MADD Canada’s School Assembly Program tackles impaired driving in Saskatchewan

Published: March 26, 2019

Updated: April 1, 2019

Author: Luke Jones

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Students in Saskatchewan are receiving the messages that impaired driving is a killer that can be avoided. The School Assembly Program is being delivered by MADD Canada with sponsorship provided by Saskatchewan Government Insurance (SGI) and the Saskatchewan Liquor and Gaming Authority (SLGA).

The 2019-2019 School Assembly Program is a MADD Canada initiative that this year has the title No Tomorrow. Students will be shown a 45-minute film that shows a fictional story about a group of teenagers surrounding a plot involving impaired driving. The fil concludes with showing stories from real-life victims of impaired driving.

During the film, students will learn about how mixing drugs and alcohol can cause lasting consequences. Alongside the film, MADD Canada is supplying an Educators’ Guide to give teachers and counsellors tools to continue the message of the campaign throughout the year.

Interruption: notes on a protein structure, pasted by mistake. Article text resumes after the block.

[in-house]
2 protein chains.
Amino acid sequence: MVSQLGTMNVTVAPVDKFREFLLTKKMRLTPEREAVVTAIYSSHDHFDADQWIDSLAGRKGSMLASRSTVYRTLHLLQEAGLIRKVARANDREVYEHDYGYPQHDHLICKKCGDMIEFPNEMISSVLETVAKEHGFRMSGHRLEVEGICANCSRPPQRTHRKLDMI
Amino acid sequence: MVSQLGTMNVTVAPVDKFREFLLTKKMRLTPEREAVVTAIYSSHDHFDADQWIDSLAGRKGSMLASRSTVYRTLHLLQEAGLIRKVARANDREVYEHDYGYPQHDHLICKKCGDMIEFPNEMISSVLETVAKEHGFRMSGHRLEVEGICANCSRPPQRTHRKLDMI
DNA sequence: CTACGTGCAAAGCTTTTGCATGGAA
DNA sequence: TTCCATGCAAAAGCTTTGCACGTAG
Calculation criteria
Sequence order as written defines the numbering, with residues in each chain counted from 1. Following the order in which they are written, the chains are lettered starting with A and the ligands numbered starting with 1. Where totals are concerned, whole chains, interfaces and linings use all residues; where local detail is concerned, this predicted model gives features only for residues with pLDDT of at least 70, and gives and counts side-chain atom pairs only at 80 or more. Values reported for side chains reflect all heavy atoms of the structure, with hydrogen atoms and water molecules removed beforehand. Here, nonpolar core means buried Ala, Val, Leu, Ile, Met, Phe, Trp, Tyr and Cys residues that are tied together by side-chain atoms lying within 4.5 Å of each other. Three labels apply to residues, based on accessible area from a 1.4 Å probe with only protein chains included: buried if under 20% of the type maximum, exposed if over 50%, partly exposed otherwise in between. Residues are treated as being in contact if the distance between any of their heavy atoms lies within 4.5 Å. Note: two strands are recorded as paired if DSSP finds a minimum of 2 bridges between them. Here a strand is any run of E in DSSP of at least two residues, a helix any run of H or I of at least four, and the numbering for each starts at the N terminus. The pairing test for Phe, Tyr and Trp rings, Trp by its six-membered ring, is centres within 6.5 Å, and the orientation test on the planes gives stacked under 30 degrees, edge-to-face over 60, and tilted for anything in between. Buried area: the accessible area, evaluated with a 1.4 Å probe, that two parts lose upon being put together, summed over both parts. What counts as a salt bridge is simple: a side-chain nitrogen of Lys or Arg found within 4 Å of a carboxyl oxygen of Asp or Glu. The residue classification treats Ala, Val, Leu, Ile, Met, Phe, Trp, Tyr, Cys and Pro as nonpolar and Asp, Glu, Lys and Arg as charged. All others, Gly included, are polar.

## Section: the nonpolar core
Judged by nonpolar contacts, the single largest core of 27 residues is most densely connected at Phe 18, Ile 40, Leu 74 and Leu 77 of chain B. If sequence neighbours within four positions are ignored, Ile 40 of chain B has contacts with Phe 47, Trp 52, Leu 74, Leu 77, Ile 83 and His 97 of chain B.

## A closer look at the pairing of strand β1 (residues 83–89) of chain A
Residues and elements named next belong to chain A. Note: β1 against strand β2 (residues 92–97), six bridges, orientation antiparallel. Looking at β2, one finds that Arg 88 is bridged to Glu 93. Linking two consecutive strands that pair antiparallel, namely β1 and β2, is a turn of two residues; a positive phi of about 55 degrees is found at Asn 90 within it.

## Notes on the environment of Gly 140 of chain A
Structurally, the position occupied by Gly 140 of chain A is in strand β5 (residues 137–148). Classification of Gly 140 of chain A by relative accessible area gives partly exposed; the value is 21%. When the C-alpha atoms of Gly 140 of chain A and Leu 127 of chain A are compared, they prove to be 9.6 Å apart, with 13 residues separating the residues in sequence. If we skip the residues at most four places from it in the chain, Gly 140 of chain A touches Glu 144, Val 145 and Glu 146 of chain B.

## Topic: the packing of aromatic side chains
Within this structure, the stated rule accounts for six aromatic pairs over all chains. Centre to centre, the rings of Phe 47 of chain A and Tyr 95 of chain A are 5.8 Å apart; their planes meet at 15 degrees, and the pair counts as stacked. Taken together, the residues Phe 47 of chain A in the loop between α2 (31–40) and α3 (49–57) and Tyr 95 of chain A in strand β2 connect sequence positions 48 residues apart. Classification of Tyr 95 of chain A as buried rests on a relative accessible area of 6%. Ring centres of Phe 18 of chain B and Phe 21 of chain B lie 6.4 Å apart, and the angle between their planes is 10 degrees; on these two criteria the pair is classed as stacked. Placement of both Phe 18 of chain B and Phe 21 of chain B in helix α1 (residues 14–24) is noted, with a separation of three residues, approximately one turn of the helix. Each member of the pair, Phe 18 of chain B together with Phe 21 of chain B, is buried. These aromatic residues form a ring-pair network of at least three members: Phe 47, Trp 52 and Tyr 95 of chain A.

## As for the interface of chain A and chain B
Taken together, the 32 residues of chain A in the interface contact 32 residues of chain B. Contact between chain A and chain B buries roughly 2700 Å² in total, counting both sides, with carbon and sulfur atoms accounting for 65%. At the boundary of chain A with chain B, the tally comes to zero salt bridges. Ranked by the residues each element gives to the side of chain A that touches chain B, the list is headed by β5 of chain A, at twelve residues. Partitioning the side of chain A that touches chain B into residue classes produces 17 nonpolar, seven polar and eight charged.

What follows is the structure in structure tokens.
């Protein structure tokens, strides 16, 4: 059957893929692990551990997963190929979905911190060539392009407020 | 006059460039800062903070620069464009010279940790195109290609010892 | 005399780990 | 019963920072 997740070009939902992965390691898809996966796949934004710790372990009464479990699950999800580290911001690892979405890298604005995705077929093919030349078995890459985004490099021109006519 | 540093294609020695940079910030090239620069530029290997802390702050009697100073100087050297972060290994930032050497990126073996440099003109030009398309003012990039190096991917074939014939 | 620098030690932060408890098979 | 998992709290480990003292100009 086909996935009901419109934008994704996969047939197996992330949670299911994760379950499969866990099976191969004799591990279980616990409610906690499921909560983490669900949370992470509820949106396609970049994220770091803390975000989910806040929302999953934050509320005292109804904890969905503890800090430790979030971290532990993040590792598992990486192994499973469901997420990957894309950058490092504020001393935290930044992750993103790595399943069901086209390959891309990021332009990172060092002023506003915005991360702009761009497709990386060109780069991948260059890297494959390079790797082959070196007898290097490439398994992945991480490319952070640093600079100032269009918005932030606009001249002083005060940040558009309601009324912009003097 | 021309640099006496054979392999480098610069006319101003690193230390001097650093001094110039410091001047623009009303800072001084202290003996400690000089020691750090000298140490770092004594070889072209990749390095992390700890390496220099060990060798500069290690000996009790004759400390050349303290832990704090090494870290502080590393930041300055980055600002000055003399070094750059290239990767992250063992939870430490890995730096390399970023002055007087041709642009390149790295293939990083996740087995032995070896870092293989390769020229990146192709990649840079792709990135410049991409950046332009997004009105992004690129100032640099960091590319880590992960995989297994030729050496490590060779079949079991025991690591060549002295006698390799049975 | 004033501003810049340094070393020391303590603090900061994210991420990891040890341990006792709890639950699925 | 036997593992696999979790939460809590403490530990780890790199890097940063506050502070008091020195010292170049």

“Impaired driving kills hundreds of people and injures tens of thousands every year. Young people are at increased risk,” said MADD Canada Chief Operating Officer Dawn Regan. “Our School Assembly Program shows young people – through the fictional scenario and through the interviews with victims and survivors – just how easily a tragedy can happen if someone makes the choice to drive after drinking alcohol or consuming drugs.”

To promote the program, MADD Canada, SGI, and SLGA held a screening event at Thom Collegiate in Regine recently. From there, the School Assembly Program will tour schools across Saskatchewan.

MADD Canada says collisions were the leading cause of fatalities amongst young Canadians aged between 16 and 25 during 2014. Alcohol and/or drugs were a contributing factor in around half of those crashes.

“SGI partners with MADD Canada for these events because it’s young people who are in a position to lead the change we want to see in this province when it comes to impaired driving,” said Minister Responsible for SGI Joe Hargrave. “Every impaired driving death is 100 per cent preventable, and we want to drive home the fact that there are very real consequences to driving impaired.”

A clip of the new program is available on MADD Canada’s web site.